Shortly after graduating from college in 1980, I worked in “fine dresses” in a large department store in downtown Minneapolis, Minnesota. On one particularly slow Saturday, a customer walked over from the juniors department holding up a floral skirt and a tube top and said, “They told me to come over here to try this on.” I showed him to the fitting room.
Other than the fact that he was wearing dangling earrings and red lipstick, he looked like any other shy, insecure teen-ager. At the time, my world view was quite narrow. I had never heard the word “transgender” or imagined that there was anything other than what I knew. Within minutes security appeared, crawling on the floor trying to peer under the partition of the fitting room. I can’t imagine what they expected to see, and I am embarrassed by the memory.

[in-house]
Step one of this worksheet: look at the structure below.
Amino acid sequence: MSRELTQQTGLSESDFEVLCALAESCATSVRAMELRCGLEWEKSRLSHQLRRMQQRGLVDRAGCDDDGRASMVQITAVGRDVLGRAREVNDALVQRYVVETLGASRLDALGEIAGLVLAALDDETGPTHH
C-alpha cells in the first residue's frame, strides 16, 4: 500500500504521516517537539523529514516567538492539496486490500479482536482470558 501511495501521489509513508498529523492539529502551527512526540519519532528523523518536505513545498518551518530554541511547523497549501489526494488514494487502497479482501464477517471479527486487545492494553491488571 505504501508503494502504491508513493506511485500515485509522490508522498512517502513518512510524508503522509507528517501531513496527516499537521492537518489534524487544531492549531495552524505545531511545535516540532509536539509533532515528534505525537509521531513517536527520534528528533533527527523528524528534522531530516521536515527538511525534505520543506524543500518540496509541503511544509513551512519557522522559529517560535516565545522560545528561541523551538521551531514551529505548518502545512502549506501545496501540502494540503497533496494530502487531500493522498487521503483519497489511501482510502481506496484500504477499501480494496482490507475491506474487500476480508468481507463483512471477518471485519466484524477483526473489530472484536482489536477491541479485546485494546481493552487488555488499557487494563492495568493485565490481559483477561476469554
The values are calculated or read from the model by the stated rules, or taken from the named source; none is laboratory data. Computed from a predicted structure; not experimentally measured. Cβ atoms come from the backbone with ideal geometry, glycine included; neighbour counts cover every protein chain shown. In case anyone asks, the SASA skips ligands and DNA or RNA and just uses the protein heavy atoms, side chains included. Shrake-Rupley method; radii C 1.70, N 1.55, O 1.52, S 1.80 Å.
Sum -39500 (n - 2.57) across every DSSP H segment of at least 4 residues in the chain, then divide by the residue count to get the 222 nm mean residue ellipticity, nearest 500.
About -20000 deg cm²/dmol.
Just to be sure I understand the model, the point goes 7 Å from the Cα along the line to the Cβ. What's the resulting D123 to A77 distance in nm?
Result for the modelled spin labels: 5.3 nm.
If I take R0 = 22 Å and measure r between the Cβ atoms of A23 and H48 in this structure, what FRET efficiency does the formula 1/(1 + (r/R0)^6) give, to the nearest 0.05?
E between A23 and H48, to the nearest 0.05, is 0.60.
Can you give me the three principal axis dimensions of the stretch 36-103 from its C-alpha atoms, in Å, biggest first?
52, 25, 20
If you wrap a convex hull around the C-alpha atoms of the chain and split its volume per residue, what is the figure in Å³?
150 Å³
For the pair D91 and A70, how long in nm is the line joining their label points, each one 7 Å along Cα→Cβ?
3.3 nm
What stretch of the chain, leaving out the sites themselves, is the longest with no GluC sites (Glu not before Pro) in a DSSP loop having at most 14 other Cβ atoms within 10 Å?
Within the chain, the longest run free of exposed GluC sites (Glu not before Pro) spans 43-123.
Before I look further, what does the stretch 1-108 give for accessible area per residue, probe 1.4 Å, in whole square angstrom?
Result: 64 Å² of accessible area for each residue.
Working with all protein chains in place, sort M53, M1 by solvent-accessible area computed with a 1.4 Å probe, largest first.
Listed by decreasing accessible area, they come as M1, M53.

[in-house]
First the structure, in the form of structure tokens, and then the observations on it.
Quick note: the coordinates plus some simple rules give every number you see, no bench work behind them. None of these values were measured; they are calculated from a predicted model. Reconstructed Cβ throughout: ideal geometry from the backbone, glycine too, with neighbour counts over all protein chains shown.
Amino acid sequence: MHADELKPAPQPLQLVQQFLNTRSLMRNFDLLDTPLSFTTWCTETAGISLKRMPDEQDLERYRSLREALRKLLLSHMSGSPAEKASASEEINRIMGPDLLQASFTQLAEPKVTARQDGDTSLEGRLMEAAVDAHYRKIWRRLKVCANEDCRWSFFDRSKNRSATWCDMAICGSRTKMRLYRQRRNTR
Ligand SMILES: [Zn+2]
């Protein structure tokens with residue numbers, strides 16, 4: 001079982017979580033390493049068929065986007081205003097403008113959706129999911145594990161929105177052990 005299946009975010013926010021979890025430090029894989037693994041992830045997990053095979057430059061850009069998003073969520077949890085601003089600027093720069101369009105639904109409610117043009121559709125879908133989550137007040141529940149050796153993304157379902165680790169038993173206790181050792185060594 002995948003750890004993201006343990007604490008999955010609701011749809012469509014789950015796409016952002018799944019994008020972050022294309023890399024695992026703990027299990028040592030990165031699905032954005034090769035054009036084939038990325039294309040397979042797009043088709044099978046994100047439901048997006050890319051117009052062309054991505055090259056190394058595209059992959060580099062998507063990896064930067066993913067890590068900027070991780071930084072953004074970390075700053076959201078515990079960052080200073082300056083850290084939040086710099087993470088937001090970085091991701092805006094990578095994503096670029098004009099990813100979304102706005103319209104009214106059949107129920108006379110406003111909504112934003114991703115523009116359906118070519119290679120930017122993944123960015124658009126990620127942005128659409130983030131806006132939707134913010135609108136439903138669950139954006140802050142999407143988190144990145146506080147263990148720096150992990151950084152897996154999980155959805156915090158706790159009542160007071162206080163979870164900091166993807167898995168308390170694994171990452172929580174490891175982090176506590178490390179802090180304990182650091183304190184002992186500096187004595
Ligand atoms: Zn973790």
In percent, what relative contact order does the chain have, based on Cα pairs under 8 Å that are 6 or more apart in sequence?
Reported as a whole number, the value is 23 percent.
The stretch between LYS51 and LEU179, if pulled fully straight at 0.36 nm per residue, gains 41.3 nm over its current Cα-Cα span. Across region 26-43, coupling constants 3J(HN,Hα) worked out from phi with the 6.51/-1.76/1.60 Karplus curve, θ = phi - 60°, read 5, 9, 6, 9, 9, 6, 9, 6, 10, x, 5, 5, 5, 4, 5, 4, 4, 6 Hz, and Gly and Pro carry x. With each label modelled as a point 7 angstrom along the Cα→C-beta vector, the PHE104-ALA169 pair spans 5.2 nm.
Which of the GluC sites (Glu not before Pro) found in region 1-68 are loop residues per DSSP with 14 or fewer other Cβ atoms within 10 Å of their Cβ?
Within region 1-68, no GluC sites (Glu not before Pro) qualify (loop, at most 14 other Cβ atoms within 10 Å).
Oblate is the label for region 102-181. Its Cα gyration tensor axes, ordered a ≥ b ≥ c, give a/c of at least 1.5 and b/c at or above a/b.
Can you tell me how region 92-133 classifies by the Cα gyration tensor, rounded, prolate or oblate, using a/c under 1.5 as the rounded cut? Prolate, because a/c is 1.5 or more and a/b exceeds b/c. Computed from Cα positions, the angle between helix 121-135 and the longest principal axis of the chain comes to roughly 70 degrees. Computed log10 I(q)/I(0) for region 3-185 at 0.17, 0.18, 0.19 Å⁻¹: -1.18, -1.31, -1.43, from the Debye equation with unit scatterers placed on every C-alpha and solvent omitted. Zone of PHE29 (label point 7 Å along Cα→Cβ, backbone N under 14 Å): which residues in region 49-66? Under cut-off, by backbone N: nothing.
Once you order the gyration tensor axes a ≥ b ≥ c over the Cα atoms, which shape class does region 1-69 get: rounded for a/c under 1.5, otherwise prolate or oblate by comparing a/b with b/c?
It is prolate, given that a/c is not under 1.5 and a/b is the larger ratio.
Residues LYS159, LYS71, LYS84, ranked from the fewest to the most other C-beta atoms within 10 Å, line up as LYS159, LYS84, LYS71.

Now Target, a Minneapolis-based company, has decided to allow transgender people to use the bathroom or dressing rooms for whichever gender they identify. Minnesota has shown a great deal of progress since 1980.
Angela Humphrey, Fresno